A constitutional amendment to allow casinos in North Jersey was proposed by New Jersey lawmakers Friday, with voters set to have their say on the matter in November 2016 if the amendment finds favor in the Senate and Assembly.
Senate President Stephen Sweeney introduced the proposal that would permit two casinos to be located in North Jersey. The New Jersey constitution currently calls for all gambling to be within the borders of Atlantic City.
The issue of gambling expansion beyond “America’s Playground” has been quite contentious among lawmakers in the Garden State, with those situated in and around Atlantic City fearing that casinos in North Jersey would further ravage the area. Four Atlantic City casinos closed last year, leaving only eight remaining.
Throw ‘Em a Bone
In order to appease those who favor restricting legalized gambling to Atlantic City – as has been the case since 1978 – revenue from the North Jersey casinos would be funneled to Atlantic City in perpetuity. For the first 15 years, Atlantic City would receive 49% of revenue generated from the North Jersey casinos, while seniors and the disabled get another 49%, and 2% for the horse racing industry.
The following 10 years, Atlantic City’s take would dwindle by 3% each and every year, while the funds toward the disabled and senior citizens would increase by the same amount. After a quarter-century, Atlantic City would forever receive 19%.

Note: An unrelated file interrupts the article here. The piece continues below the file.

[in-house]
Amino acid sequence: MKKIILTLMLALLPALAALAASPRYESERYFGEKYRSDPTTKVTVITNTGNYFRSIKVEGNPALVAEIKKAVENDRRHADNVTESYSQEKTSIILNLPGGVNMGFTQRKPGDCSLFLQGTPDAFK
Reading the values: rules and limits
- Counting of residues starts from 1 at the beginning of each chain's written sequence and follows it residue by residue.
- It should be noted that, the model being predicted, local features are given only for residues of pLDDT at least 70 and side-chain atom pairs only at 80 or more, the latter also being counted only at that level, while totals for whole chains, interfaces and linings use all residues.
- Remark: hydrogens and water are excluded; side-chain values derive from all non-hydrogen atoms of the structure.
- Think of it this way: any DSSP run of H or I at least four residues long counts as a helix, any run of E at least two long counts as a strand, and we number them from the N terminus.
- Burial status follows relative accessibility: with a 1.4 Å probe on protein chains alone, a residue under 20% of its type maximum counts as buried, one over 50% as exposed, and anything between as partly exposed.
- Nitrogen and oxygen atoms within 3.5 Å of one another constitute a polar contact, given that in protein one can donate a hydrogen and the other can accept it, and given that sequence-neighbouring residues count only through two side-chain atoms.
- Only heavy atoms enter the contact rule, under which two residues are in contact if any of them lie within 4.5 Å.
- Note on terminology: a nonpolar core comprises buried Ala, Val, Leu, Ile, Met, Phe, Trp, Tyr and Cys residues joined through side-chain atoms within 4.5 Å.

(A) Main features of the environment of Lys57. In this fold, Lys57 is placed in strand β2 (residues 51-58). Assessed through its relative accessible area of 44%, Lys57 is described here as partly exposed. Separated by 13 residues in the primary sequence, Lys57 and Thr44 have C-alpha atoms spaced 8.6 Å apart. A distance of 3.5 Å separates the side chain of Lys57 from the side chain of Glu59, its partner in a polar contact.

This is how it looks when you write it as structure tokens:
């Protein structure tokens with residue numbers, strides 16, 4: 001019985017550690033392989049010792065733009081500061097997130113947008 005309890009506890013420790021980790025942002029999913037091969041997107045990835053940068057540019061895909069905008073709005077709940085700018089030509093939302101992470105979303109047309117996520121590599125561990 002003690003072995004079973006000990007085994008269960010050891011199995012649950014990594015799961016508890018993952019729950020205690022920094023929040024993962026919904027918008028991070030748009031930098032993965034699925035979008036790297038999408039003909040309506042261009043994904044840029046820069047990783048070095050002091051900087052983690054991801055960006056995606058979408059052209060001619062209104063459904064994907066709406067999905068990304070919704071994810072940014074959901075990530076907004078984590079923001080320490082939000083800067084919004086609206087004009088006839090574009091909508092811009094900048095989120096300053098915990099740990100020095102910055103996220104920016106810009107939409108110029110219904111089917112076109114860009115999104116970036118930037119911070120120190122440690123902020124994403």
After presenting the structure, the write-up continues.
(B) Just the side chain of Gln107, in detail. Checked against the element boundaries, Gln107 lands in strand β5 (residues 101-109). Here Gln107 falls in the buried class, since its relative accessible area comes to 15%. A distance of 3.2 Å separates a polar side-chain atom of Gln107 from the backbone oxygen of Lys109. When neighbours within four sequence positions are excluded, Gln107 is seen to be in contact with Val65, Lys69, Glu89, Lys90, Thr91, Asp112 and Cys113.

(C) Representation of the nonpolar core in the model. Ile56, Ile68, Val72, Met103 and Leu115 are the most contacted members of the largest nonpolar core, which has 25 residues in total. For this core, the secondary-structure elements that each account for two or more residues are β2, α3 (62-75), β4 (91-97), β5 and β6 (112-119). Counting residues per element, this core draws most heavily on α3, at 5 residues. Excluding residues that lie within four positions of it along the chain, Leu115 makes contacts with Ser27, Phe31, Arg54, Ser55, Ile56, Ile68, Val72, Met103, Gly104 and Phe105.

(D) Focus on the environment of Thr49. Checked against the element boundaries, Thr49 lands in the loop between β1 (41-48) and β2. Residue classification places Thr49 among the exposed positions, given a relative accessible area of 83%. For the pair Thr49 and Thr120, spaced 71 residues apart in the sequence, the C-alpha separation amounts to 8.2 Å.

That doesn’t sit well with the Casino Association of New Jersey, as a representative of that organization told the Press of Atlantic City that “we do not believe that North Jersey casinos are a prudent option….., we oppose the proposal to expand gaming in North Jersey.”
Some 8,000 jobs were lost when the Atlantic Club, Showboat, Revel and Trump Plaza closed their doors in 2014. North Jersey casinos may keep a number of gamblers from visiting Atlantic City, doing even more harm to the economy in that region.
Sweeney would like New Jersey residents to decide the issue and has submitted his proposal just in time for them to do so on the November 2016 ballot. If a majority of Senate and Assembly members vote yes in two consecutive years, voters are next in line.
The idea is for lawmakers to vote now before the end of the year and then again in January. Approval in just one year would require a three-fifths majority in both chambers, which is not very likely due to the opposition from South Jersey legislators.
However, that all may be moot if a recent Fairleigh Dickinson poll holds true. Six months ago, a survey found 56% of New Jersey voters opposed to casinos outside of Atlantic City, while 37% were in favor of the idea.
Blueprints for two North Jersey casinos have already been drawn up, one in East Rutherford and the other in Jersey City. Sweeney’s proposal does not name any locations for the casinos, stating only that the gaming establishments should be in separate counties and at least 75 miles away from Atlantic City.
Hard Rock International has its eye on the East Rutherford location and has submitted a proposal for a $1 billion casino at the Meadowlands Racetrack. Jersey City is favored by Reebok founder Paul Fireman, who would like to build a casino, hotel and 95-story skyscraper – a $4.6 billion project.